top of page


Growth equity is generally for later-stage startups and is invested at Series C, D, E, and beyond. 


A startup may eventually reach a point where it needs to expand or restructure, enter into new markets, hold an initial public offering (IPO), merge with another company, or be acquired. To reach its next stage, the company may need additional funds to purchase new equipment, expand facilities, hire sales representatives, invest in marketing, develop new products, or or pay for costs associated with an acquisition or IPO. 

Growth equity (also called expansion capital or growth capital) is a type of equity investment in more mature startups with the purpose of facilitating one of these transformational events in the company's lifecycle, but without affecting a change in control. 

Generally, the company will be the (or one of the) market leaders in their industry with at least a few million in revenue, decent revenue growth in the last few years, a proven business model, and a clear path to profitability, Even if the company is already profitable, it will tend to have lower free cash flow (FCF) after core expenses (paying employees, cost of business), and therefore lack sufficient cash flow to fund the event without outside capital.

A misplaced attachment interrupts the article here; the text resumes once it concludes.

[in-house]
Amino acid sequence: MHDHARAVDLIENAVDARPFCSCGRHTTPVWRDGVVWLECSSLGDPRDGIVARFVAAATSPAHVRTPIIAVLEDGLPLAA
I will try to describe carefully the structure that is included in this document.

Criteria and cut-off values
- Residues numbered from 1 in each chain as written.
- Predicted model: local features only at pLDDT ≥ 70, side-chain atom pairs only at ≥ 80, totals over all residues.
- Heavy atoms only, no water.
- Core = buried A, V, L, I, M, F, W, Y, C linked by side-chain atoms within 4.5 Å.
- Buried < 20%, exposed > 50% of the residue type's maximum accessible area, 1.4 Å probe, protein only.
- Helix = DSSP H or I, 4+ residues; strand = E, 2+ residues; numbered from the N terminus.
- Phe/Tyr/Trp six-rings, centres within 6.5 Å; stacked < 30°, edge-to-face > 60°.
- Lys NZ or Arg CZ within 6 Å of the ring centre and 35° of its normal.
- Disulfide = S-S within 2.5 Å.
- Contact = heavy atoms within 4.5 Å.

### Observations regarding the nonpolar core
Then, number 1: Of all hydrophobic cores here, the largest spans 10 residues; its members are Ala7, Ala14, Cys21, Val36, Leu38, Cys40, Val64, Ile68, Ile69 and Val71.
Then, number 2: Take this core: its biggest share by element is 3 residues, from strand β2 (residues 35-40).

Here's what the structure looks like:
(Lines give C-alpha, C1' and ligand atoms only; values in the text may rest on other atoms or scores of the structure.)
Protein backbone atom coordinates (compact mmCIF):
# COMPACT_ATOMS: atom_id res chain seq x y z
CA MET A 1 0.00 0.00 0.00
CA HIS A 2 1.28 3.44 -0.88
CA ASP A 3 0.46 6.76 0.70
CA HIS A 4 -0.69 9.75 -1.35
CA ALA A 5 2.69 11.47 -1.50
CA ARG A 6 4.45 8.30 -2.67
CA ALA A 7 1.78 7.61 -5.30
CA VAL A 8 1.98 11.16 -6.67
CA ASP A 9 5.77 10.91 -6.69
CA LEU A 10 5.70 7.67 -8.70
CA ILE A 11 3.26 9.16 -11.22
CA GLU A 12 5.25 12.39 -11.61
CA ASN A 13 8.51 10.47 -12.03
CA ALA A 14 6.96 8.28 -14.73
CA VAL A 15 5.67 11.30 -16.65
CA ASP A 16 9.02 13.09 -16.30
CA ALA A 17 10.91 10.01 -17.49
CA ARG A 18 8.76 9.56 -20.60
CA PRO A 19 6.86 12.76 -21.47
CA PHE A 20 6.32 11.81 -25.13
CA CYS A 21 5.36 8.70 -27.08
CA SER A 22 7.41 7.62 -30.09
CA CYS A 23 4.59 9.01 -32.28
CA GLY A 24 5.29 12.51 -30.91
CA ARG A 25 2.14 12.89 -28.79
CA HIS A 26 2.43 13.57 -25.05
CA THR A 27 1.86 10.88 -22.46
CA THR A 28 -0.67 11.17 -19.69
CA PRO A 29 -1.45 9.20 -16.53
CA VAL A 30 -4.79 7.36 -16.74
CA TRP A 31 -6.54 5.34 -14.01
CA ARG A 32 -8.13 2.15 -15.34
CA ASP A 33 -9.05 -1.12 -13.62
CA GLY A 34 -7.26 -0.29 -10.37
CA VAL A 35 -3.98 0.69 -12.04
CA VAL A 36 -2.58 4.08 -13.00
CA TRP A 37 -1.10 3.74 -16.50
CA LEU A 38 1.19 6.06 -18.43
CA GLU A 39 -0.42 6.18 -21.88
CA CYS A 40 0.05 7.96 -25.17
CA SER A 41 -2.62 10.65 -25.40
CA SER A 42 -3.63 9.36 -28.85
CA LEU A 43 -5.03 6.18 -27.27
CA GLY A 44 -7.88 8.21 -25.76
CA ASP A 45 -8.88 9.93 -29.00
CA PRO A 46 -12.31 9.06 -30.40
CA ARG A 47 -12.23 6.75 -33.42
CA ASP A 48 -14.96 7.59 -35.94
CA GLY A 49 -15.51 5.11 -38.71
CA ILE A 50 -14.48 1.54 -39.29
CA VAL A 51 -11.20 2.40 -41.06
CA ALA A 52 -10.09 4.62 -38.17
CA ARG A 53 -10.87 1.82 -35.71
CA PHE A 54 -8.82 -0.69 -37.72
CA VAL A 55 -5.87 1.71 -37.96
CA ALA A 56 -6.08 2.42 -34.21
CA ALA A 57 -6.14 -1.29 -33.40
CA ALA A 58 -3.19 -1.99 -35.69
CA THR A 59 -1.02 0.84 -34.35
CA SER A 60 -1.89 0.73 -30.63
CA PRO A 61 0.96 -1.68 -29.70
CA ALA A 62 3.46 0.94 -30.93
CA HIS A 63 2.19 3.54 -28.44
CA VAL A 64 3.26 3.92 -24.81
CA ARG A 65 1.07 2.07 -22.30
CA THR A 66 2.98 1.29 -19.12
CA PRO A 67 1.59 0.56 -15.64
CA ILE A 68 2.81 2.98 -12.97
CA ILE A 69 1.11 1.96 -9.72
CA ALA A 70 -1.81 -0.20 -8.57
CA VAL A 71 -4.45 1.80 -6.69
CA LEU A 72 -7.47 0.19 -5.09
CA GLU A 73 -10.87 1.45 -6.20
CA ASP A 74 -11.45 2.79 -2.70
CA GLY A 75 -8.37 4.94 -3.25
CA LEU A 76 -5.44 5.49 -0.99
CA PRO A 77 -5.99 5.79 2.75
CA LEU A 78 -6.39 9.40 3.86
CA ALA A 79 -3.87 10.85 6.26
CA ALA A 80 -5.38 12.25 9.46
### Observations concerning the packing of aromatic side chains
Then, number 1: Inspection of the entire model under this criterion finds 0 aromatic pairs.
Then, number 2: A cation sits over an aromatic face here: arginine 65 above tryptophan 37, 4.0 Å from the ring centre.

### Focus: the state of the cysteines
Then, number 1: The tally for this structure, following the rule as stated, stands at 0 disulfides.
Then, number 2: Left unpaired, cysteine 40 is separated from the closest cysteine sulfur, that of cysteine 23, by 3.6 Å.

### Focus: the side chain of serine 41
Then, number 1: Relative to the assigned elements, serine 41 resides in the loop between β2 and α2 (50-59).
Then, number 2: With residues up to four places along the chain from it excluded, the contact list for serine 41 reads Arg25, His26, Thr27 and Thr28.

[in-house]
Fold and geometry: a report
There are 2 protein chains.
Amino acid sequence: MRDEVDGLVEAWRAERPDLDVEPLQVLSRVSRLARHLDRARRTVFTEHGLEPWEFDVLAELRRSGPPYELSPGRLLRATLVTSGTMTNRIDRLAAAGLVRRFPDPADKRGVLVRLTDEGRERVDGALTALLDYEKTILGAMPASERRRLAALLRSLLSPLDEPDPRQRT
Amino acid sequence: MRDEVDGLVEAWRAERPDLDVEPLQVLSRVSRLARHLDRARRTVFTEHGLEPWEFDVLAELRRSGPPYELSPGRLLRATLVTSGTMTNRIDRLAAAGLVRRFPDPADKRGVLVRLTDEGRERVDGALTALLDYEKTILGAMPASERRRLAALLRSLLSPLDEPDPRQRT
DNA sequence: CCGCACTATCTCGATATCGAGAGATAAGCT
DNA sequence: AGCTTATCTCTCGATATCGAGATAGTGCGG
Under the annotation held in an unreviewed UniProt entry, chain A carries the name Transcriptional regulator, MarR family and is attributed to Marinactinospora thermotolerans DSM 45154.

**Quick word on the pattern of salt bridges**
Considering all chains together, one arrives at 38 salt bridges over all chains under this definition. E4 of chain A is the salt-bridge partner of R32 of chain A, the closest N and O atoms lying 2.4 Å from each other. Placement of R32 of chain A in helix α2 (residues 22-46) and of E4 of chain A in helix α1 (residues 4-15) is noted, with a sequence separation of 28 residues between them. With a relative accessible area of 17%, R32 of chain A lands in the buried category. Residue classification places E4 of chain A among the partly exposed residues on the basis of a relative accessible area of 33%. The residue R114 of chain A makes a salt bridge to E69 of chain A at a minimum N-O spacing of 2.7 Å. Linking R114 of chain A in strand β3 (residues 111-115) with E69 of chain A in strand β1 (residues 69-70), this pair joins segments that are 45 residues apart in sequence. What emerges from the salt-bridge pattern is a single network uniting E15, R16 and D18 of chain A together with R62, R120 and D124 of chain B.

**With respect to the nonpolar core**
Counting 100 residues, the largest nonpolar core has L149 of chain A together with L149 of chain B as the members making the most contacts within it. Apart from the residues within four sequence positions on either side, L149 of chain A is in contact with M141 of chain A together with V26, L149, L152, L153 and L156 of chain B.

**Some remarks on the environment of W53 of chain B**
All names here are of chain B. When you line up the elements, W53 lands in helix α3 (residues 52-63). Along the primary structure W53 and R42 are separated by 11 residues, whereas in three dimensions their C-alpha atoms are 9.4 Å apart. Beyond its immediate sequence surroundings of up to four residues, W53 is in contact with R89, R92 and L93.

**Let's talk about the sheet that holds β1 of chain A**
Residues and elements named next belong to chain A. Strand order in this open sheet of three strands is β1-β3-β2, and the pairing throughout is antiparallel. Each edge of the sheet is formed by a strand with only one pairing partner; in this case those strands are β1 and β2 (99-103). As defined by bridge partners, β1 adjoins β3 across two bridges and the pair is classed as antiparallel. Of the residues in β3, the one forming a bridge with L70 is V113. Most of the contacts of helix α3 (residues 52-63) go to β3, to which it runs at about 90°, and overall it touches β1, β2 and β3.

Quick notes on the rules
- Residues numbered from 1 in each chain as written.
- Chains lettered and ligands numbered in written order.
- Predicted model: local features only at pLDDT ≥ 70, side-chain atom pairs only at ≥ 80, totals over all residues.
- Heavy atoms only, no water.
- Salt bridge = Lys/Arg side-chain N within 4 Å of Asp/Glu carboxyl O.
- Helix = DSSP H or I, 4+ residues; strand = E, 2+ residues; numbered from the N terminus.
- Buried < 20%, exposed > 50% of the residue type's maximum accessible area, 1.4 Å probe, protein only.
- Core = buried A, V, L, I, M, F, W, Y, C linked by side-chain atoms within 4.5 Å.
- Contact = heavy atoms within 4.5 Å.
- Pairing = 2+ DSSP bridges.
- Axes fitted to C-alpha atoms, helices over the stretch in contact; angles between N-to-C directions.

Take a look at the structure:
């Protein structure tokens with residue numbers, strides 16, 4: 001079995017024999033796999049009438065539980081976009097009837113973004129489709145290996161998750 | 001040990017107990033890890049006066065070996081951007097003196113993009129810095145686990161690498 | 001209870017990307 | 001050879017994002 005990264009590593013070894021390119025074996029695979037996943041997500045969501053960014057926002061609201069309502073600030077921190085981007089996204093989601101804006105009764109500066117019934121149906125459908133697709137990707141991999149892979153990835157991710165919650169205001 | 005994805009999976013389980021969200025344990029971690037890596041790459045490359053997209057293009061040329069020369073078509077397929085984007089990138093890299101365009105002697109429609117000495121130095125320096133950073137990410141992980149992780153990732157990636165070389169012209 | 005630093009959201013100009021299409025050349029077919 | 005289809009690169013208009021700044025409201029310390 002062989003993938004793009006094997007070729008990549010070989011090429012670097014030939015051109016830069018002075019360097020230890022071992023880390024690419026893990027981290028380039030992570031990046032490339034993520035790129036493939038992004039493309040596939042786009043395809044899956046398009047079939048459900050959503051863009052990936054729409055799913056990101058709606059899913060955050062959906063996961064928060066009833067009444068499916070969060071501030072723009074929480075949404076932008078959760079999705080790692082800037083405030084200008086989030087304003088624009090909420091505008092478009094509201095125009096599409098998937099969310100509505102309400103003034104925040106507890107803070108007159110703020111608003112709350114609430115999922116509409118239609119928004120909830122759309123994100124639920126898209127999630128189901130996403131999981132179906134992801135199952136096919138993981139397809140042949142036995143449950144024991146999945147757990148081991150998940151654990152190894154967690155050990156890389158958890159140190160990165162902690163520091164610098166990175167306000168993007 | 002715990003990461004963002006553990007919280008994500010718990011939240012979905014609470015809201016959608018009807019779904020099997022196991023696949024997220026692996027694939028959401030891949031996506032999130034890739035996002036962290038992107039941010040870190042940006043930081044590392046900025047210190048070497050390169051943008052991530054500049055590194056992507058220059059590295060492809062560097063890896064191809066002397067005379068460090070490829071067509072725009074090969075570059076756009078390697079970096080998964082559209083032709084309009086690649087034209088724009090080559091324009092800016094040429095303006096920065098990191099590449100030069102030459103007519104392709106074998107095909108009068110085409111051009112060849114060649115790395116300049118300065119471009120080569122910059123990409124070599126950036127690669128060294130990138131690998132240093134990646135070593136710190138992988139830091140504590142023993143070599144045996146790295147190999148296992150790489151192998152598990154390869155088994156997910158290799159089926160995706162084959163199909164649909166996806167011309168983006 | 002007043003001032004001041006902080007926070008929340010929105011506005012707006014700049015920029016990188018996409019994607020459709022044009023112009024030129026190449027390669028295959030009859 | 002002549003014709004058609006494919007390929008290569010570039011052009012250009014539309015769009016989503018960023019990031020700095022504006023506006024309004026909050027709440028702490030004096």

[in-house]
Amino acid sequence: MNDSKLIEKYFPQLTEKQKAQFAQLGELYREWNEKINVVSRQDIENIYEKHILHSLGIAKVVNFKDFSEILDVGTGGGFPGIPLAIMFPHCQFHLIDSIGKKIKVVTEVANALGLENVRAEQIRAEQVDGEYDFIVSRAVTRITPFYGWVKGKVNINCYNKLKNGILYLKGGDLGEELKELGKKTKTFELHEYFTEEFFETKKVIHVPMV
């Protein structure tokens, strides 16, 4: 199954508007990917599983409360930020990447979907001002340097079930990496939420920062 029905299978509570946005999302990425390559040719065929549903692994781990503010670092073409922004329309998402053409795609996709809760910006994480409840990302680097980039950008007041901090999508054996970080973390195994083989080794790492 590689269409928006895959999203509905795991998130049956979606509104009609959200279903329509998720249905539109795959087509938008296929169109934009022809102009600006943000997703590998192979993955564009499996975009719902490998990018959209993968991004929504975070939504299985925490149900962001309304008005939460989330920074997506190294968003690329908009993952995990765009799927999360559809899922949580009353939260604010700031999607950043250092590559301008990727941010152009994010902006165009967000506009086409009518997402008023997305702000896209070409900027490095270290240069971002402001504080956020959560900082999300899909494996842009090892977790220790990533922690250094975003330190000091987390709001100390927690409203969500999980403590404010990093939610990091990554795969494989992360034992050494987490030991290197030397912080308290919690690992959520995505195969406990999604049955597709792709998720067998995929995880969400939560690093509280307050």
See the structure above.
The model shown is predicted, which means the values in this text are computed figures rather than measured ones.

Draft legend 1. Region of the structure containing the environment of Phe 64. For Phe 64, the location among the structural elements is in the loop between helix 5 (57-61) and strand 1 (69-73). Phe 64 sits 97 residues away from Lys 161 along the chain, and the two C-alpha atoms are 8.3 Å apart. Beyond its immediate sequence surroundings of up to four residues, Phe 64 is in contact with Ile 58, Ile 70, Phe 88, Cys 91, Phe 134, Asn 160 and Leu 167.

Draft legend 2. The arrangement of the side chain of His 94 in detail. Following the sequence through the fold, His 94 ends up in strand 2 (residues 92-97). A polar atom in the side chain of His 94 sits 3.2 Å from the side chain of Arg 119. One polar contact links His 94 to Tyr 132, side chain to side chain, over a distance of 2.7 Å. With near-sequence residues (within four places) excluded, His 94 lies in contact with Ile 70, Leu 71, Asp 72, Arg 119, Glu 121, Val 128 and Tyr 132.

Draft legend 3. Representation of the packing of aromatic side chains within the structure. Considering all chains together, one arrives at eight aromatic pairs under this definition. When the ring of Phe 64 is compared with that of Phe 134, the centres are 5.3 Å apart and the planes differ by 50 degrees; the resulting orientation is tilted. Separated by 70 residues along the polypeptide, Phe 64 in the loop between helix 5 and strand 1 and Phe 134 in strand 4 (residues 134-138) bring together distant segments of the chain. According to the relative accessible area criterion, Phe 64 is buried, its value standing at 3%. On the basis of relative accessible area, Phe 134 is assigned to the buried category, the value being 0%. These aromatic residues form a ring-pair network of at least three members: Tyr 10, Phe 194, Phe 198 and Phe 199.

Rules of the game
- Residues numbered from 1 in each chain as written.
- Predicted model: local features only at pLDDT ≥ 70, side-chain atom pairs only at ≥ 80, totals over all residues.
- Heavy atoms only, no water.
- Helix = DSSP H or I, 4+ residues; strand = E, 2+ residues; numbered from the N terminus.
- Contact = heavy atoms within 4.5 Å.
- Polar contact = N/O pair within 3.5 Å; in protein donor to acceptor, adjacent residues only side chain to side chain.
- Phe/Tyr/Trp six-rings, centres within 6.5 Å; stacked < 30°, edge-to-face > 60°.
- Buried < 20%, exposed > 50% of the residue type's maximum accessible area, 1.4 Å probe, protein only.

Growth equity investments range from $10 million to $500 million, depending on the Series and intent for the funds. Since growth equity enters when the company is already established, there is much less risk than earlier-stage venture capital deals. With less risk and less potential upside comes a lower expected ROI (usually between 3 - 5x). 


Note that growth equity is often referred to as private equity, which is confusing because they are not the same type of investment. Because the purpose of growth equity (and VC) is to help the company reach a specific milestone without resulting in a change in control, the growth equity firm can only take a minority stake (less than 50%) in the company.


Adversely, private equity firms generally seek to purchase entire companies (not just a percentage of equity) at a discount if possible, scale them for about 4 - 7 years, and then sell to a strategic buyer for a few million to tens of billions. These are wholly different business models.

Of course, today, this is a little more confusing as some private equity firms will fund growth equity events. With more money going into private companies, lines have been blurred.


The most important take away for a negotiation, is that the firm investing in a company will treat the deal more like the type of transaction they predominately or traditionally perform. For example, a private equity firm financing a growth equity event may expect more of a discount, and may possibly structure the deal so that they can take control of the company if things unexpectedly go downhill. It's important to understand the mindset of the particular investor. 

bottom of page